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Radiology

As professor and vice chair of diagnostic imaging, Barton Milestone (right) has a treatment focus on cross-sectional imaging, specifically ultrasound, CAT scan, and MRI.As professor and vice chair of diagnostic imaging, Barton Milestone (right) has a treatment focus on cross-sectional imaging, specifically ultrasound, CAT scan, and MRI.

Radiology is a field of medicine that uses imaging technology, like X-rays and other advanced machines, to diagnose cancer and other diseases. At Fox Chase Cancer Center, board-certified radiologists are a critical part of the medical team, participating in the diagnosis, staging and surveillance of all types of tumors.

Imaging techniques available at Fox Chase include:

  • Ultrasound: An ultrasound is a test that uses sound waves to create an image of internal organs. Abnormal tissue growth creates different sound-wave echoes than healthy tissue, allowing radiologists to locate potential tumors. Ultrasound is often used to guide biopsies.
  • CT scan: A computed tomography (CT) scan is a common imaging test used to detect and stage cancer by creating 2D and 3D pictures of the inside of the body. CT scans can reveal tumors and be used to evaluate if a treatment is working. They can also be used to guide biopsies and for placement of fiducial markers for radiation treatment.   
  • MRI scan: A magnetic resonance imaging (MRI) test uses magnets and radio waves to create detailed images of tissues inside the body. A radiologist may use an MRI to locate a tumor and determine its size and location—and whether it’s benign or malignant. Fox Chase specialists also use MRI to guide breast and prostate biopsies.
  • PET-CT scan: Positron emission tomography with CT (PET-CT) is an imaging test that provides doctors with information about the body’s chemistry, cell function and exact location of disease.
  • X-ray/Fluoroscopy: An X-ray is an imaging test that uses radiation to create pictures of the inside of the body. A fluoroscopic study is a specialized kind of X-ray that creates a “movie” out of continuous X-ray images. Fluoroscopy at Fox Chase is often used to identify a problem with swallowing or with the stomach or bowel.
  • Breast imaging: Fox Chase Cancer Center is designated as a Breast Imaging Center of Excellence by the American College of Radiology. Our breast imaging center offers mammography with 3D tomosynthesis, breast MRI, breast ultrasound, stereotactic biopsy, MRI, molecular breast imaging (MBI) and ultrasound-guided breast biopsy. We also perform localization of breast tumors before surgery.
  • Virtual colonoscopy (CT colonography): A virtual colonoscopy is just what it sounds like–a noninvasive test that uses high-quality images and specialized software to “virtually examine” the colon without having to physically insert a scope into a patient.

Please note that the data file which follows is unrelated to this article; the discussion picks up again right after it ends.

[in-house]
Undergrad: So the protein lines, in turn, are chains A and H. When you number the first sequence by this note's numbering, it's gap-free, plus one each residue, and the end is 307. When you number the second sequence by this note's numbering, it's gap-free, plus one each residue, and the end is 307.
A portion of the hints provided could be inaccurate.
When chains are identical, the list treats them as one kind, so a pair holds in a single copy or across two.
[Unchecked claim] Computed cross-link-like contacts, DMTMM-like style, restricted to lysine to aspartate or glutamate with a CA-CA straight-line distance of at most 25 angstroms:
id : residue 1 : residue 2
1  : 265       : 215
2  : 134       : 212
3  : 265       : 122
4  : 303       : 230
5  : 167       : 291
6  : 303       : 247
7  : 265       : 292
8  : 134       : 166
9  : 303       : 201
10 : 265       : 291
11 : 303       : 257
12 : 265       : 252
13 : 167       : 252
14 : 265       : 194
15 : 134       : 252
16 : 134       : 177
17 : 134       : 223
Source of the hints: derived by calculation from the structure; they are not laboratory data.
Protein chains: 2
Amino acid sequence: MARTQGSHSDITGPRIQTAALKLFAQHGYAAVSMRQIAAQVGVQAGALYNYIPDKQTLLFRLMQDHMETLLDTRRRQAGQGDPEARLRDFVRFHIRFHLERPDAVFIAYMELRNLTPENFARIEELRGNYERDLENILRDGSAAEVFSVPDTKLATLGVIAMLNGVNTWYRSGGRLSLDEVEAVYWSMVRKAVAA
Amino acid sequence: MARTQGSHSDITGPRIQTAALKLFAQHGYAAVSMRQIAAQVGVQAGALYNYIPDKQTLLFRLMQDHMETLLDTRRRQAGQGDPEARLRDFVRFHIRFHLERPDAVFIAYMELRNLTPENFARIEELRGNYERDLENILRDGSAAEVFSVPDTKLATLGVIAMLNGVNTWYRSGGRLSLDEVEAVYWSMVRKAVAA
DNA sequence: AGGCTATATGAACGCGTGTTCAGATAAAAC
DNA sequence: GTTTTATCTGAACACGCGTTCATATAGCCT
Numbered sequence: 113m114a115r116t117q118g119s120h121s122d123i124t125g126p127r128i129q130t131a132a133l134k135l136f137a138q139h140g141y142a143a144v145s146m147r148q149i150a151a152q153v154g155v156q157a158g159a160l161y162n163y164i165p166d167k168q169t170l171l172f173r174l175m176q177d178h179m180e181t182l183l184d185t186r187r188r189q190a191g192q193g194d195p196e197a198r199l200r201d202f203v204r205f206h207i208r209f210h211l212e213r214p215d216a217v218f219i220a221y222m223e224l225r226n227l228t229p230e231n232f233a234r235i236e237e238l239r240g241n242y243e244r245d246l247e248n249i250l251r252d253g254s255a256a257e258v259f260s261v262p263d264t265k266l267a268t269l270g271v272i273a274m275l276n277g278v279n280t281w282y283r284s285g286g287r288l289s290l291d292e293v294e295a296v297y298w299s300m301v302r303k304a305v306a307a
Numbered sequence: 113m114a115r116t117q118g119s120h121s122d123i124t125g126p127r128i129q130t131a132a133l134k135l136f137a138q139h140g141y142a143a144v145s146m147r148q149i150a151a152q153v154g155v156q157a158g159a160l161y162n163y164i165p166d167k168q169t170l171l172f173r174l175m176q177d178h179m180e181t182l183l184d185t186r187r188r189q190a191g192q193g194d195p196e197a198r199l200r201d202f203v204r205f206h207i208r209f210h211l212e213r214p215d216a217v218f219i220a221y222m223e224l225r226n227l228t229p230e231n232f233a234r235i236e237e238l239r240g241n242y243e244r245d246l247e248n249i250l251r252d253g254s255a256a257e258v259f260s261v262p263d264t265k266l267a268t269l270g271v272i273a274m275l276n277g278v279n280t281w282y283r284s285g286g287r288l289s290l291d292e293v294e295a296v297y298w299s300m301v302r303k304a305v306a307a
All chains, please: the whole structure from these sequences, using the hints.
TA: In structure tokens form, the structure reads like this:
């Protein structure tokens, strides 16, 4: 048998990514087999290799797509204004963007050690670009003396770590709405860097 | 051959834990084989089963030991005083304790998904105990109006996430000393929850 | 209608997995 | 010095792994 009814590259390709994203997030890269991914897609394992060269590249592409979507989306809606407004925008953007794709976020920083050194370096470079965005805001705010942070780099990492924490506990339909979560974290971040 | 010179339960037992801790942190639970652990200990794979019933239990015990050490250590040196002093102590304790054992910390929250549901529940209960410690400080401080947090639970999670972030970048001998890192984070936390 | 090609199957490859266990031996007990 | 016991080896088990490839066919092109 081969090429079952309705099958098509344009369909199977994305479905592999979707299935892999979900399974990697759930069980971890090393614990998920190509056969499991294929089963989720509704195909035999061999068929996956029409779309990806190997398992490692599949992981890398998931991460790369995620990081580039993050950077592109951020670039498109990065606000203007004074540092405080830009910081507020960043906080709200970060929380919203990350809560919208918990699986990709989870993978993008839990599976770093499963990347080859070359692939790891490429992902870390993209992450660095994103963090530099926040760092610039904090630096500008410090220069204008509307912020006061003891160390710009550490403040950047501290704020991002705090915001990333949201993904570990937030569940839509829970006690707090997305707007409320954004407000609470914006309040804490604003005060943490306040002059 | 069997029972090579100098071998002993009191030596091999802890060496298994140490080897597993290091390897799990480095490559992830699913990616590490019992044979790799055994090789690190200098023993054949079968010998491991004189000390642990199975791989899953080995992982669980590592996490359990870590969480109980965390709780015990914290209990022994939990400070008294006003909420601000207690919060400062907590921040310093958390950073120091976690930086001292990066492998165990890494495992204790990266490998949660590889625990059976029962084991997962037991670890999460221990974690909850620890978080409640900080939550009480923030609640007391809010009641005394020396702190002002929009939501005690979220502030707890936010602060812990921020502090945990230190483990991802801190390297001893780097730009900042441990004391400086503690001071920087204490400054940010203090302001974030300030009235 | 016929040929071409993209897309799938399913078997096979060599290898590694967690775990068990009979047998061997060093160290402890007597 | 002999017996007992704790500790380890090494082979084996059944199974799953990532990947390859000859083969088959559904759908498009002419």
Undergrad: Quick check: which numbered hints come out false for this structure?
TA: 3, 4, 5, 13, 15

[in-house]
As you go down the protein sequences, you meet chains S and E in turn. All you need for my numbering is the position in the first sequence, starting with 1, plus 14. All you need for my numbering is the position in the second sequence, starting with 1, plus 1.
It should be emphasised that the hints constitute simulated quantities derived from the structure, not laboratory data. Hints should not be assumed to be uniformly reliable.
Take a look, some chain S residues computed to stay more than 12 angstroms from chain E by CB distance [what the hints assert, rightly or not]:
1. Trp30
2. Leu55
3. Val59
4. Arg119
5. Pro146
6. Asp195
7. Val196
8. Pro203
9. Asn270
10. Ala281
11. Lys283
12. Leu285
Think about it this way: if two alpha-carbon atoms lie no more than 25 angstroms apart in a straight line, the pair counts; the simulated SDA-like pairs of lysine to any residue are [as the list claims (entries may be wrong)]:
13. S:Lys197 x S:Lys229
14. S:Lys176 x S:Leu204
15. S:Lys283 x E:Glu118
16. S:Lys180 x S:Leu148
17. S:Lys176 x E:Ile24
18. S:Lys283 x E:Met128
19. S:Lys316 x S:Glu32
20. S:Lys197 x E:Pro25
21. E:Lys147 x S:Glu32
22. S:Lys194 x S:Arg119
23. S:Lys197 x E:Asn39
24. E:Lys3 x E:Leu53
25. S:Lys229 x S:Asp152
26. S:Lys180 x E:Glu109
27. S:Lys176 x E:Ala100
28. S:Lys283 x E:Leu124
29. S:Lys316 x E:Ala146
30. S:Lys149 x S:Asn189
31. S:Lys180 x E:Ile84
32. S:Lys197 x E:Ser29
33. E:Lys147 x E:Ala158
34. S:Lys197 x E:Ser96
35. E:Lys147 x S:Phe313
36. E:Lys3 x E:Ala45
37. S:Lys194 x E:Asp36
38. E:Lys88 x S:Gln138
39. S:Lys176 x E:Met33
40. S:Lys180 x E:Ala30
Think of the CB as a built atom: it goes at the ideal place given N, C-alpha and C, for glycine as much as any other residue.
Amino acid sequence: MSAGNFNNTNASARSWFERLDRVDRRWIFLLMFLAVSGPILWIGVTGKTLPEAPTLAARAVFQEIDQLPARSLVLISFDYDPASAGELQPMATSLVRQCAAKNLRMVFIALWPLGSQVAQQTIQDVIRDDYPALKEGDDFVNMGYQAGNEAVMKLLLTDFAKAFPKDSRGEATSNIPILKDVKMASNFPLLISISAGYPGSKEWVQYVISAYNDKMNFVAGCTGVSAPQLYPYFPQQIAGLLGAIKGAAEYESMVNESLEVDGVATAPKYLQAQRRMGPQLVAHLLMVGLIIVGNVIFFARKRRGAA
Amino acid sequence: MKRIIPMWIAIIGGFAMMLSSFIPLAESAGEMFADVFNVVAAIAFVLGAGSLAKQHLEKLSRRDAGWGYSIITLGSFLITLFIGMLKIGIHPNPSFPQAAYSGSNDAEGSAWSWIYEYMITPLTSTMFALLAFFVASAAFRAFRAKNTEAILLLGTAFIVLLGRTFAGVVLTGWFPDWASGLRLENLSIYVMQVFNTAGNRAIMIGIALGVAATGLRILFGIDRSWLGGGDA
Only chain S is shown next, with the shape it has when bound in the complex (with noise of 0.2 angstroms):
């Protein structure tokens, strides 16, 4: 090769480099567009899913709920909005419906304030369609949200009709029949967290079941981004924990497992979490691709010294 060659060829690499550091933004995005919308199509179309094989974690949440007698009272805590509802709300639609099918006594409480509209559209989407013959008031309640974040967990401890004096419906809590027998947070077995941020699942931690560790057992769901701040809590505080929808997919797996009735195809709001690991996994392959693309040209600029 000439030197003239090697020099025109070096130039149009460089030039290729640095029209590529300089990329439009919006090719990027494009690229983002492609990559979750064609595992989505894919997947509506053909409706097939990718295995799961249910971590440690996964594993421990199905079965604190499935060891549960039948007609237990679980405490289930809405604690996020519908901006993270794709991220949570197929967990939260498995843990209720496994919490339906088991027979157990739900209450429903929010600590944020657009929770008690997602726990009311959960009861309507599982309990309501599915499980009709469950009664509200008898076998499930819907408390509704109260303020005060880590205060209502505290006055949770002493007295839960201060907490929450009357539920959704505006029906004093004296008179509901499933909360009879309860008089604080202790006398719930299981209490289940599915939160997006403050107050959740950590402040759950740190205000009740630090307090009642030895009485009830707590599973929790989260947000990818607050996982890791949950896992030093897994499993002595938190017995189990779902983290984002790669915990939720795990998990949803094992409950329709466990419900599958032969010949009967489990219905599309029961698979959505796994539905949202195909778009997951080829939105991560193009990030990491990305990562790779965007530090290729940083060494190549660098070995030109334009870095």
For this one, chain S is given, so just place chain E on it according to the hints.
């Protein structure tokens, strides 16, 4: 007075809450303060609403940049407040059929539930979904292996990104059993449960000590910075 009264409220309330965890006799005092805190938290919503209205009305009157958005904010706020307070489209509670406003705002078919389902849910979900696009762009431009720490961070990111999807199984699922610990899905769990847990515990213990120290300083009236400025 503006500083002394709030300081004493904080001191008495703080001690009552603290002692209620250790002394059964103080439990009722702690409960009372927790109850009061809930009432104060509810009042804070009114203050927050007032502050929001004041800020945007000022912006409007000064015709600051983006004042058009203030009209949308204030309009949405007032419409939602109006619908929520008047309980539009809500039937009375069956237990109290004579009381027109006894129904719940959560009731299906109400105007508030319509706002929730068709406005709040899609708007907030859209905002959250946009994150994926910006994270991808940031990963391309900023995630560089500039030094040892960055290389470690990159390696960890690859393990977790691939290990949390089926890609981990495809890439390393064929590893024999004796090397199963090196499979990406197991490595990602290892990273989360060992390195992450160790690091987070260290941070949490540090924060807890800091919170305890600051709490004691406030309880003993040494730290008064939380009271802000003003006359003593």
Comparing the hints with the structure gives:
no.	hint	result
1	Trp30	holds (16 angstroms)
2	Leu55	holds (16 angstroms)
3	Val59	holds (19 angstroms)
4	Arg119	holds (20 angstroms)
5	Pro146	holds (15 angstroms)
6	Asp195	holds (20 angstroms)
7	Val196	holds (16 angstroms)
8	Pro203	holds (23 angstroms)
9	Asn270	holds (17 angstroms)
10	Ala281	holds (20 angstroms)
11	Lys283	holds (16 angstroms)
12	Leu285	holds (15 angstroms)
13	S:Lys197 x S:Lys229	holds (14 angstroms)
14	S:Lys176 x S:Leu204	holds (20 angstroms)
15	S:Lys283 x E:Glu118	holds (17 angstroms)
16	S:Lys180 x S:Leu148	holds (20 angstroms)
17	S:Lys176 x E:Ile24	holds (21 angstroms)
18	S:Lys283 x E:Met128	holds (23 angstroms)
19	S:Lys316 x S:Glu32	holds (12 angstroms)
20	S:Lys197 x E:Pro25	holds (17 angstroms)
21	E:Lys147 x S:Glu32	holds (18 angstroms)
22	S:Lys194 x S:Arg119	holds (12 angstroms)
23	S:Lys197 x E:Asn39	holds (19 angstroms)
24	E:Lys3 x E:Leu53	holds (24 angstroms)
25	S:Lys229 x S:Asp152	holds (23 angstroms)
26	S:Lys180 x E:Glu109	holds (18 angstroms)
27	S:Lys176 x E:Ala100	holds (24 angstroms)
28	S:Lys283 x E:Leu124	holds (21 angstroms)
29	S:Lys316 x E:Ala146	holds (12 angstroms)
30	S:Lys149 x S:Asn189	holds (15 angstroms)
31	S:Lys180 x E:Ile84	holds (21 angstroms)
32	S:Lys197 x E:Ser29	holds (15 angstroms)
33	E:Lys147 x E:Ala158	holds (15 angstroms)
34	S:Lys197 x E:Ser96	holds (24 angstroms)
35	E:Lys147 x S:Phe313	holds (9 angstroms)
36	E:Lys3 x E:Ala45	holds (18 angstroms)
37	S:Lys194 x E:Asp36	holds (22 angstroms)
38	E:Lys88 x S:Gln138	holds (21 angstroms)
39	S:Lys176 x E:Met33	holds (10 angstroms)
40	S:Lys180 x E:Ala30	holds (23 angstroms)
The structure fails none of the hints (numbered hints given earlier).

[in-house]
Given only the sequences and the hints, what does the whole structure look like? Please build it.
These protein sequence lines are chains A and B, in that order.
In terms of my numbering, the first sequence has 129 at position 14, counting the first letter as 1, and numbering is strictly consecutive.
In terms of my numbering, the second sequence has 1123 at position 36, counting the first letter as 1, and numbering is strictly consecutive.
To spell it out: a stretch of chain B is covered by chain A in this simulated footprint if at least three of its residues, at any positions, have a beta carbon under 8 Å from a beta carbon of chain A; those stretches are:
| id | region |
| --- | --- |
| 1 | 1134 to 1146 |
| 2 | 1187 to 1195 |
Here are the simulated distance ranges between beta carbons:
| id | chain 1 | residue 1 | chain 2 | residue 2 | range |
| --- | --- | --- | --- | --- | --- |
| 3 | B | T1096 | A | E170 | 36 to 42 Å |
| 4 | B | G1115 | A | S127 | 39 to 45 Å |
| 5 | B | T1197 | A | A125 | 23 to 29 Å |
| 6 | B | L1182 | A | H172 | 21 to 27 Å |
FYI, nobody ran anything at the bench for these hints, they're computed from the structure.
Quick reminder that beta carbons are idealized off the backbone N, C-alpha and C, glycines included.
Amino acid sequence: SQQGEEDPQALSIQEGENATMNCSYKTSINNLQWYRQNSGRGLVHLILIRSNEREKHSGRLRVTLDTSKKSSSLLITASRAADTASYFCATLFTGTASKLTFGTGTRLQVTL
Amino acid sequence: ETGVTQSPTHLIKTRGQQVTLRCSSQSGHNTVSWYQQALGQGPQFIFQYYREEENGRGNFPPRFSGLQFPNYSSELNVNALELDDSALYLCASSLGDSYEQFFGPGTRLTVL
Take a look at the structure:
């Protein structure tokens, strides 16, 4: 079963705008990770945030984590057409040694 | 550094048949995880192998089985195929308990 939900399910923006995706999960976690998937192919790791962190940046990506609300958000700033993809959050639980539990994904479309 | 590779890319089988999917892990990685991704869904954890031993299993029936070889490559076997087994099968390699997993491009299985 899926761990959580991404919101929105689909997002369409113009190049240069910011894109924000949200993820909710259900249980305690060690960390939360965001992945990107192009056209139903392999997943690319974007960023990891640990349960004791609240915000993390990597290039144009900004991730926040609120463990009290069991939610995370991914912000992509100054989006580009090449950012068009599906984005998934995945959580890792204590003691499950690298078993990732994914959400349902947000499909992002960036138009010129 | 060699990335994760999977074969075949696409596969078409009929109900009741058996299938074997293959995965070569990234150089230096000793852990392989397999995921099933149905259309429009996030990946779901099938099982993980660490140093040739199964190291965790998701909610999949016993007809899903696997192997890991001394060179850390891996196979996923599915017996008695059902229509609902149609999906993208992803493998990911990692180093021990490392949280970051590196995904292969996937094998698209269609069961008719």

Biopsies

In addition to imaging, Fox Chase radiologists specialize in performing challenging image-guided biopsies. Using ultrasound, CT or MRI guidance, radiologists can sample even small lesions or lesions that are difficult to access by other means, as well as biopsies on patients with complicating medical factors. A biopsy uses a small needle to remove tiny pieces of tissue from the lung, liver, lymph nodes or other body parts. Biopsies are used to diagnose or stage cancer, or for molecular testing to better understand the makeup of a tumor. All biopsies performed at Fox Chase are minimally invasive.

Biopsy

Once a tumor has been identified, a biopsy is necessary to obtain a tissue sample, which is required in order to make a diagnosis and to determine the cancer staging. In a traditional core needle biopsy, a fine needle to collect a number of tissue samples, which are then examined for cell abnormalities that are a sign of  cancer.  Fox Chase radiologists specialize in performing image-guided biopsies. Using ultrasound, CT or MRI guidance, radiologists can sample even small lesions or lesions that are difficult to access by other means, as well as biopsies on patients with complicating medical factors. All biopsies performed at Fox Chase are minimally invasive.

One procedure specifically related to melanoma is the sentinel lymph node biopsy (SLNB). SLNB is recommended for all patients with melanoma tumors of intermediate thickness (between one and four milimeters in depth).

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